May 1, 1998
Am I willing to send my child to public school? It's a question American parents are more frequently answering with a resounding "no," as high-profile violence, drug problems and poor test scores are increasingly associated with a public education.
Public school reform, say the experts, has been largely a bust. So when the Louisiana Alliance for Education Reform was formed on the Tulane campus five years ago as a non-profit corporation, among the first questions Alliance staff members asked were: Why? What can we do that will work?
A Shell Foundation-funded study conducted by members of Tulane's education department revealed four barriers to school reform in Louisiana and led to the founding of the Alliance, says its director Ruth Hinson:
- Louisiana schools are in an overly centralized and controlled setting, with decisions made at the state or district level;
- Decisions are made by politicians, special-interest groups and the media;
- State-level organizations dealing with public education are so numerous that getting a consensus on any program is virtually impossible;
- Louisianans have traditionally held education in low esteem.
The barriers are about politics and organization, about bureaucracy and reporting lines and money. What they are not about, Hinson notes, is children or teachers or learning.
"If you look at those four barriers, you'll see that they have absolutely nothing to do with what goes on inside a school," she says. "It doesn't say that teachers aren't doing the right thing, or that kids are misbehaving, or that principals don't know what they're doing. It says that we've got to address our community as an environment for a school just as much as we've got to address the school."
Following that belief, the Alliance was formed, funded initially by Shell but now with almost 30 corporate sponsors. And the reform methods they devised are working. From an initial test group of 11 schools, the Alliance is now partnered with 34 Louisiana schools educating more than 20,000 students from elementary through senior high school.
The Alliance model for school reform is two-pronged, Hinson says. First, it works with the schools--specifically, the teachers--showing them how to set schoolwide goals and then take state- or district-mandated programs and adapt them to meet those goals. In other words, the Alliance shows the teachers how to take ownership of their schools and classrooms.
"If a mandate comes down from the state and you are reactive, you simply do what you're told to do," Hinson says. "If you're proactive, you see it as an opportunity to reach some of the goals you have for your school. Being proactive instead of reactive makes a huge difference in how something actually succeeds or fails. A program can live or die on that thought."
The Alliance also instructs teachers on how to apply for grant money to fund special projects they think will help their schools reach their goals. And the teachers have been quick learners. Throughout Ascension, St. James and Jefferson parishes, where the Alliance partner schools are located, teachers have applied for and received grants to fund everything from in-school suspension programs to peer-tutoring and family math nights.
A second part of the Alliance reform model, Hinson says, addresses the community: a vital support network if school reform is to succeed, and the element always overlooked in traditional school-reform efforts.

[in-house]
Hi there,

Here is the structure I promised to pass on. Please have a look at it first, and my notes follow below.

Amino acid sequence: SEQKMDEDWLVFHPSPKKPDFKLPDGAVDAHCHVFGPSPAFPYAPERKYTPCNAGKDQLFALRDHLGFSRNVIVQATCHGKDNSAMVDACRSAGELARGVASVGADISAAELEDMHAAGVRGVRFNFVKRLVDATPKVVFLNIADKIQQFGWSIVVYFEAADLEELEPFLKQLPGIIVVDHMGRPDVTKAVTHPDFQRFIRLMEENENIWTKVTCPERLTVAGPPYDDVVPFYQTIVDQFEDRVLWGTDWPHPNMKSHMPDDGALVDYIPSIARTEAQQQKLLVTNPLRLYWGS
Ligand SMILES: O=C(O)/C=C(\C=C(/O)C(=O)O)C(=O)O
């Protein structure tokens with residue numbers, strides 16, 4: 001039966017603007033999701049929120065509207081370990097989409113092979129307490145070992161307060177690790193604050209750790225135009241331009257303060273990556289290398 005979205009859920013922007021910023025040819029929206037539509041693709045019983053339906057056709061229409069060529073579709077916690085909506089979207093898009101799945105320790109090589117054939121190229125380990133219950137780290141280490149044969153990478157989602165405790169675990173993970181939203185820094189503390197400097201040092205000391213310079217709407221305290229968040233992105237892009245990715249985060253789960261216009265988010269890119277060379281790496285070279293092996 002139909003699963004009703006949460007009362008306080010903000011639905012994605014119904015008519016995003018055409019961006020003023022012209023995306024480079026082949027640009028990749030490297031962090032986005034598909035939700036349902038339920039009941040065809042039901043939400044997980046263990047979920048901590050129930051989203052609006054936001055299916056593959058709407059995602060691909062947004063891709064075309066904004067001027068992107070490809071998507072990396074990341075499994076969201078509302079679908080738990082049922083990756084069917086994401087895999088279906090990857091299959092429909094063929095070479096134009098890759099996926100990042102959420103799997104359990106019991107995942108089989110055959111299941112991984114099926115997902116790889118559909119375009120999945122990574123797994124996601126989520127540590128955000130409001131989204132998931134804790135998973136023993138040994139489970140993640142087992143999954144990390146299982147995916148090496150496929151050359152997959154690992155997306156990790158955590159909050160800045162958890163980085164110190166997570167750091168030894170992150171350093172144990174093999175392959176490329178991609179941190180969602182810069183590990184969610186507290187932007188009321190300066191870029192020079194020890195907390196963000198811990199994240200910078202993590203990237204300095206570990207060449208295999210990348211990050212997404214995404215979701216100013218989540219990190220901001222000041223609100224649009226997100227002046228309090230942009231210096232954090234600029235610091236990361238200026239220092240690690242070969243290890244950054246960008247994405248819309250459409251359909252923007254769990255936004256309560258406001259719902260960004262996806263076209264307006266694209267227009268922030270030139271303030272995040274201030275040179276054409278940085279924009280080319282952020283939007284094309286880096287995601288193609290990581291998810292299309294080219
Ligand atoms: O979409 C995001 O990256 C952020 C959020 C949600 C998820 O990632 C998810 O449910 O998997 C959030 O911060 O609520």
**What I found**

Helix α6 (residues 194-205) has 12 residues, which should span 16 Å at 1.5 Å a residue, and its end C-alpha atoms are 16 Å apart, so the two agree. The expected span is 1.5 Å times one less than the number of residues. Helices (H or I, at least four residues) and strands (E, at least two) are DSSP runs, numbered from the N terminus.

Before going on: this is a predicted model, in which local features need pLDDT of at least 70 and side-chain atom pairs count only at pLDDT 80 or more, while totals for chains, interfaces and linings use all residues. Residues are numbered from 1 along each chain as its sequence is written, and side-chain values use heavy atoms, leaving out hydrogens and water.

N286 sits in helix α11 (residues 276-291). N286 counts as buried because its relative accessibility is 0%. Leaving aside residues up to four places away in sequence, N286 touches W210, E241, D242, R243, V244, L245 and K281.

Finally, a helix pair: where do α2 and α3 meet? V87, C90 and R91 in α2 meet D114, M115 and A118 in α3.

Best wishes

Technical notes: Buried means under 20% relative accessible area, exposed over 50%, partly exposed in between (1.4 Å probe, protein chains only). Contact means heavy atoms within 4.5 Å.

"That's where we have really learned the most--community development," Hinson says. "We still have barely scratched the surface, but we've come a long way from the first few days of our operation. We knew there needed to be involvement beyond normal parental activity at the schools. We also knew there needed to be something beyond parents putting emphasis on education at home. Those are important things, but we knew that whatever we did had to go back to those four barriers we had identified, and that meant decentralizing the decision-making."
The first step was inviting people in the business community and in city government to be involved in their local school's strategic planning.
"When they work side by side with the teachers, they get to know the teachers and they get to know the school," Hinson says. "They start to take ownership in the schools."
Hinson says they learned the pattern of community involvement in the Alliance's early days in Ascension Parish. A small group of 10 or 12 was very interested and quick to volunteer. A larger group took a "wait and see" attitude, its involvement coming more slowly. The reluctance, she says, has come from seeing too many programs try and fail. Once the Alliance proved it could work and intended to stay, interest grew.
Reflecting on the program's first five years, Hinson points to the fact that they have been able to train teachers to take a greater role in decision-making and to convince members of the public that the public schools are theirs. Even more benefits will be visible in another five years.
"By that time, the young teachers who have been involved in the program from the start will be taking over the administrative roles," she says.
In the meantime, as Hinson points out, Louisiana is a big state with a lot of room for improvement. Several other parishes have already expressed interest in forming partnerships with the Alliance, and the Alliance is in the process of developing an adaptation of its successful model that will work better for schools in urban settings. Ninety percent of the schools in Louisiana are in parishes with fewer than 50 schools and would benefit from the tried-and-true methods currently used, she notes.
"We have 1,450 schools in this state," Hinson says. "Our goal ought to be to have every school in Louisiana be a school worth choosing."
Tulane University, New Orleans, LA 70118 504-865-5000 email@example.com